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The three fates of workers in the age of AI

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In this guest article, Hannah Seal, partner at Index Ventures, explores the impact of AI on the workforce.

“Love and work are the cornerstones of our humanness,” Sigmund Freud once wrote. So, what happens to our humanity in an era of AI, which – according to the headlines – threatens to replace millions of jobs and livelihoods? When algorithms eclipse humans across an ever-wider range of cognitive and creative tasks, what will ‘work’ even mean?

Well, I have good news for you (good news, at least, for those who want to keep their job). The doomers are wrong and we don’t need to be fortune-tellers to see it. AI is already transforming many professions for the better – making work more fun, dynamic and fulfilling.

Yes, there’s no denying that some among us will be replaced. But many others will find themselves relieved of the bits of their job that have always been a burden, while others will be able to embrace reimagined or reinvented roles.

‘Relieved’ workers

The knowledge professions are among the main beneficiaries of the current wave of AI – think lawyers, tax advisors, auditors and even doctors. In these domains, AI is less an adversary than an enabler and enhancer.

By scanning documents, processing paperwork, analysing and extracting data from video, and doing routine data-capture and diagnostics, algorithms can free up overburdened experts to focus on the reasons they got into the job in the first place. (Hint: it’s not because they wanted to spend their days going cross-eyed scanning row upon row of figures.)

DeepScribe, for example, allows doctors to quickly and securely capture their patient notes by harnessing the power of AI. In finance, DataSnipper liberates auditors from the grind of matching data to documents. And the likes of LocTax and Fonoa are using AI to help tax professionals at global companies shortcut incredibly complex, fragmented and time-consuming compliance processes.

The best professionals tend to be hardworking and cerebral types. But what brings them satisfaction isn’t just solving thorny problems – it’s also maintaining a relationship of trust and intimacy with the people they help every day. In this way, AI isn’t just about productivity, but about improving the ‘feel’ of a job.

It elevates the contributions of these professionals and creates the space in their day to do better, more creative, more strategic and more human work. It brings them closer to the core of their jobs and what gets them up in the morning.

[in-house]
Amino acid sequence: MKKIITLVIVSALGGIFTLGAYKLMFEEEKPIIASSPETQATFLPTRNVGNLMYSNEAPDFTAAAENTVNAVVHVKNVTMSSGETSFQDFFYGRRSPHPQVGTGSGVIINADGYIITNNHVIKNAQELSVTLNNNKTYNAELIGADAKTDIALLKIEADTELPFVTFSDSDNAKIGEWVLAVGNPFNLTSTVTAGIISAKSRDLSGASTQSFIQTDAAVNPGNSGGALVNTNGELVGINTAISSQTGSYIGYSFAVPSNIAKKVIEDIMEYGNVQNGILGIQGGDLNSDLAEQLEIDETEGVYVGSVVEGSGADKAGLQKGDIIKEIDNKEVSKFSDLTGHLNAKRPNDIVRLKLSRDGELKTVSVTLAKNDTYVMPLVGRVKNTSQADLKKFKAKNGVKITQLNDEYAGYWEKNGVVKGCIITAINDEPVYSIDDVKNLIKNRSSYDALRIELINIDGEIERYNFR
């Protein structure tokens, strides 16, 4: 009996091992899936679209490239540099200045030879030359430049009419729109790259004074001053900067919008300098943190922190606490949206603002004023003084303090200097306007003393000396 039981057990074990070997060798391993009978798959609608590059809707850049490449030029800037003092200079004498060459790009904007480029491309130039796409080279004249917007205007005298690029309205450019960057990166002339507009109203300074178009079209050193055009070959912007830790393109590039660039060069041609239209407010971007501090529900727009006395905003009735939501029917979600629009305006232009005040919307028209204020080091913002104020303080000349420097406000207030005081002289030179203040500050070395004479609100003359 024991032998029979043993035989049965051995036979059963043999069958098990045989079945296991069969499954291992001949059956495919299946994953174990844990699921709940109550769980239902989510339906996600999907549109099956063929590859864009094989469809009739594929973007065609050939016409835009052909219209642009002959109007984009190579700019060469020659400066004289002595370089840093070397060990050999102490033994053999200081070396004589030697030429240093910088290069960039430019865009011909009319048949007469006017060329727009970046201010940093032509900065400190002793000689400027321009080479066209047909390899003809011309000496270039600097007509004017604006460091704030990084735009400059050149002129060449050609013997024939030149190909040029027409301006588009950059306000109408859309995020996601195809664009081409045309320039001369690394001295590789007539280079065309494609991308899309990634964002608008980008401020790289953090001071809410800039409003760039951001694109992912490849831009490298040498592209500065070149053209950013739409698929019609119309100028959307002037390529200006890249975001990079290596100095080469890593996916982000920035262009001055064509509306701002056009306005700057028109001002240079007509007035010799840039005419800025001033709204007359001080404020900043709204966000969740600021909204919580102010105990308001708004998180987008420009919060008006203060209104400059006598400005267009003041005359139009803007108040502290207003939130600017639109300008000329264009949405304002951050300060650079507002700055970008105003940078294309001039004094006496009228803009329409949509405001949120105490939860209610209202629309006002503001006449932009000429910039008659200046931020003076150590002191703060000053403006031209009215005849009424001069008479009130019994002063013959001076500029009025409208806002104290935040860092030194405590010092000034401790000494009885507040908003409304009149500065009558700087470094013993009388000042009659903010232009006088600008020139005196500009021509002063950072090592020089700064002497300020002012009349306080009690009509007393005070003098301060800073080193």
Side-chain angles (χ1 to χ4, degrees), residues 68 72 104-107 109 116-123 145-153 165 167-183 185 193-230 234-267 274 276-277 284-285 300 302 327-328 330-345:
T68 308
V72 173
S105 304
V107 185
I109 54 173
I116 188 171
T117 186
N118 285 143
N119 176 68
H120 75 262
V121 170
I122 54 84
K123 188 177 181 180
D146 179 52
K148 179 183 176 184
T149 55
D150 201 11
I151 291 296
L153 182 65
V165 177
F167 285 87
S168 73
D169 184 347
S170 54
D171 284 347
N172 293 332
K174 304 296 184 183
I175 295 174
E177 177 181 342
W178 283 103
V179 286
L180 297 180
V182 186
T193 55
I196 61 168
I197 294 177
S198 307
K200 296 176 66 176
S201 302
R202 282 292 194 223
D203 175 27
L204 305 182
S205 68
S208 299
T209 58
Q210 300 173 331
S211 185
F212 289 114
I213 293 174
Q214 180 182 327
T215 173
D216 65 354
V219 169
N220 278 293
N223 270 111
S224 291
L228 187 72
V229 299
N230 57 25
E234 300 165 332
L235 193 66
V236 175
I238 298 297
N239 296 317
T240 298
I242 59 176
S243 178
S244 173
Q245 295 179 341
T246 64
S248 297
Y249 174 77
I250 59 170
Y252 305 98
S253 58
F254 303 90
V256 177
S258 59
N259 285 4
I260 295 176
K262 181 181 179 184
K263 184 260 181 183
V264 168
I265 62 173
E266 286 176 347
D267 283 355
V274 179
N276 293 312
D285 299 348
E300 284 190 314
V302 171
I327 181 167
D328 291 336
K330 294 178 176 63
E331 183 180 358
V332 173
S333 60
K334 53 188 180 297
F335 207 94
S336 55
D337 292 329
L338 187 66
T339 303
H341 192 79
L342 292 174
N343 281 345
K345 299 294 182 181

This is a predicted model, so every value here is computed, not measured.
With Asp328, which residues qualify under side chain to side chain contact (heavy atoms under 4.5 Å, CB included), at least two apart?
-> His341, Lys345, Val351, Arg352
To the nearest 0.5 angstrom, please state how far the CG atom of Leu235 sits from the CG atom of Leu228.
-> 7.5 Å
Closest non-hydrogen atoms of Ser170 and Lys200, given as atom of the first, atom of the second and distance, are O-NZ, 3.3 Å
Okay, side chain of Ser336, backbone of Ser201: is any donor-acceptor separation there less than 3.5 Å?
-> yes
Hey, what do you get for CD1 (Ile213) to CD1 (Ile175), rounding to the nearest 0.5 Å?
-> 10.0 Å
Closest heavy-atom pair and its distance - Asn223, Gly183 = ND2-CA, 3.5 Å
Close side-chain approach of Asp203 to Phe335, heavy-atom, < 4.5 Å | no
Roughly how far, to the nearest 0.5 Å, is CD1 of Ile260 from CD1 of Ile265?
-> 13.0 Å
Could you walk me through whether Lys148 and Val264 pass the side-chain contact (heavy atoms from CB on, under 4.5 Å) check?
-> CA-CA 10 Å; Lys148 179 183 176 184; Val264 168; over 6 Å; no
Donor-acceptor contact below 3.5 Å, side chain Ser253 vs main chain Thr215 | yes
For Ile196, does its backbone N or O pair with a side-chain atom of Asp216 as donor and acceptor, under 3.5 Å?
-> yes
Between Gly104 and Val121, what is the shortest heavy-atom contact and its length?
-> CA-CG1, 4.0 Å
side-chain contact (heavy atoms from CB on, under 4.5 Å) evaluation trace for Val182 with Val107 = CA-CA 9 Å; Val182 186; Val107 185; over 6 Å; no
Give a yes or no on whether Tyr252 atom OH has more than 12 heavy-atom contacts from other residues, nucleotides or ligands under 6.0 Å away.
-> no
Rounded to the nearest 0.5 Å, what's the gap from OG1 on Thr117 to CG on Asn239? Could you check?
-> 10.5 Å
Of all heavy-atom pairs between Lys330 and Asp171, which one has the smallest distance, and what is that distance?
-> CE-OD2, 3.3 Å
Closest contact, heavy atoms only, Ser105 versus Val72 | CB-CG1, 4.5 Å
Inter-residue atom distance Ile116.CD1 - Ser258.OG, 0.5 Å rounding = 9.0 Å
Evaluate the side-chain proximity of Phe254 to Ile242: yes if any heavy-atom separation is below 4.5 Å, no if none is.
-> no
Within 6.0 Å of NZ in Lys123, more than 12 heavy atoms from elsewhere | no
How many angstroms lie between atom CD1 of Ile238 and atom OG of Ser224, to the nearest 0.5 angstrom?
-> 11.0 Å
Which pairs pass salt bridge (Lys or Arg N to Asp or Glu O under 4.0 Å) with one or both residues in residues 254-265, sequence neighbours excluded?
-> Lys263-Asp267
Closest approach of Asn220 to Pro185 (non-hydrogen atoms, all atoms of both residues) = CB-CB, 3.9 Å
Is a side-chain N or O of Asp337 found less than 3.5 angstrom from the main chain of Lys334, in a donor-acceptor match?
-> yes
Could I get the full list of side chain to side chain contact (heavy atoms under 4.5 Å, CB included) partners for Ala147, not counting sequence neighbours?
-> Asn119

‘Reinvented’ workers

Other jobs will be profoundly transformed, but they’ll still exist. When Amazon came along, bookshops didn’t all cease to exist – but those that survived and thrived understood that they had to pivot. Instead of a business model based on distribution, successful booksellers saw that they were now solving for the problem of discovery (helping people to decide what books to buy among the many thousands published every year). They could also leverage the atmosphere of their shop to host events and create a sense of community.

Likewise, in the early decades of computing, being a ‘coder’ or ‘programmer’ was often about rote data entry, involving literally punching holes for code into stacks of cards or tape. It was repetitive and mechanical work, not unlike factory assembly lines.

The robots are coming either way; we might as well envision how to humanise their effects

But as computers became more powerful in the 1970s and 80s, the nature of programming transformed to creatively building complex systems. New languages like C and C++ required strong technical expertise, eventually giving rise to the software that would enable whole industries to spring up.

Industries such as marketing and journalism may well be in for a similar transformation. Yes, AI will undoubtedly require professionals to be nimble and reskill, but there are immense opportunities for them to double down on finding new ways to add value.

It’s worth remembering, too, that utilitarian outcomes aren’t the only thing consumers care about. Even if an AI were capable of being as empathetic and responsive as the best psychotherapist, arguably many clients would always want to know that they were being listened to, recognised and helped by a human. AI can push us to focus on those dimensions of our jobs that algorithms structurally can’t replicate: ethics, emotion and human-to-human connection, which are often the sources of real job satisfaction.

‘Replaced’ workers

There’s no avoiding the fact that some jobs will disappear as AI spreads through the economy. Occupations such as retail cashiers, truck drivers, customer support and factory production workers face outright replacement. Why? In most cases their labour is ultimately a fungible and instrumental input – the end user doesn’t mind who drives them from A to B, or who picks out their Amazon parcel from the warehouse. Here AI is not bringing people closer to the core of their job, but cannibalising it entirely.

This presents thorny policy and political problems, but these challenges can be overcome through retraining and economic redistribution. We know, too, that prior tech revolutions have created more opportunities than they destroyed, even if the transition period can be bumpy.

Where next for AI and the jobs market?

The story of AI’s impact on meaningful work remains unwritten. But we can influence the future and bend it towards positive outcomes centred on human dignity. In many areas, AI is already enhancing creativity, quality and the emotional satisfactions of work across industries, not just improving efficiency.

The robots are coming either way; we might as well envision how to humanise their effects.

Hannah Seal is a partner at Index Ventures

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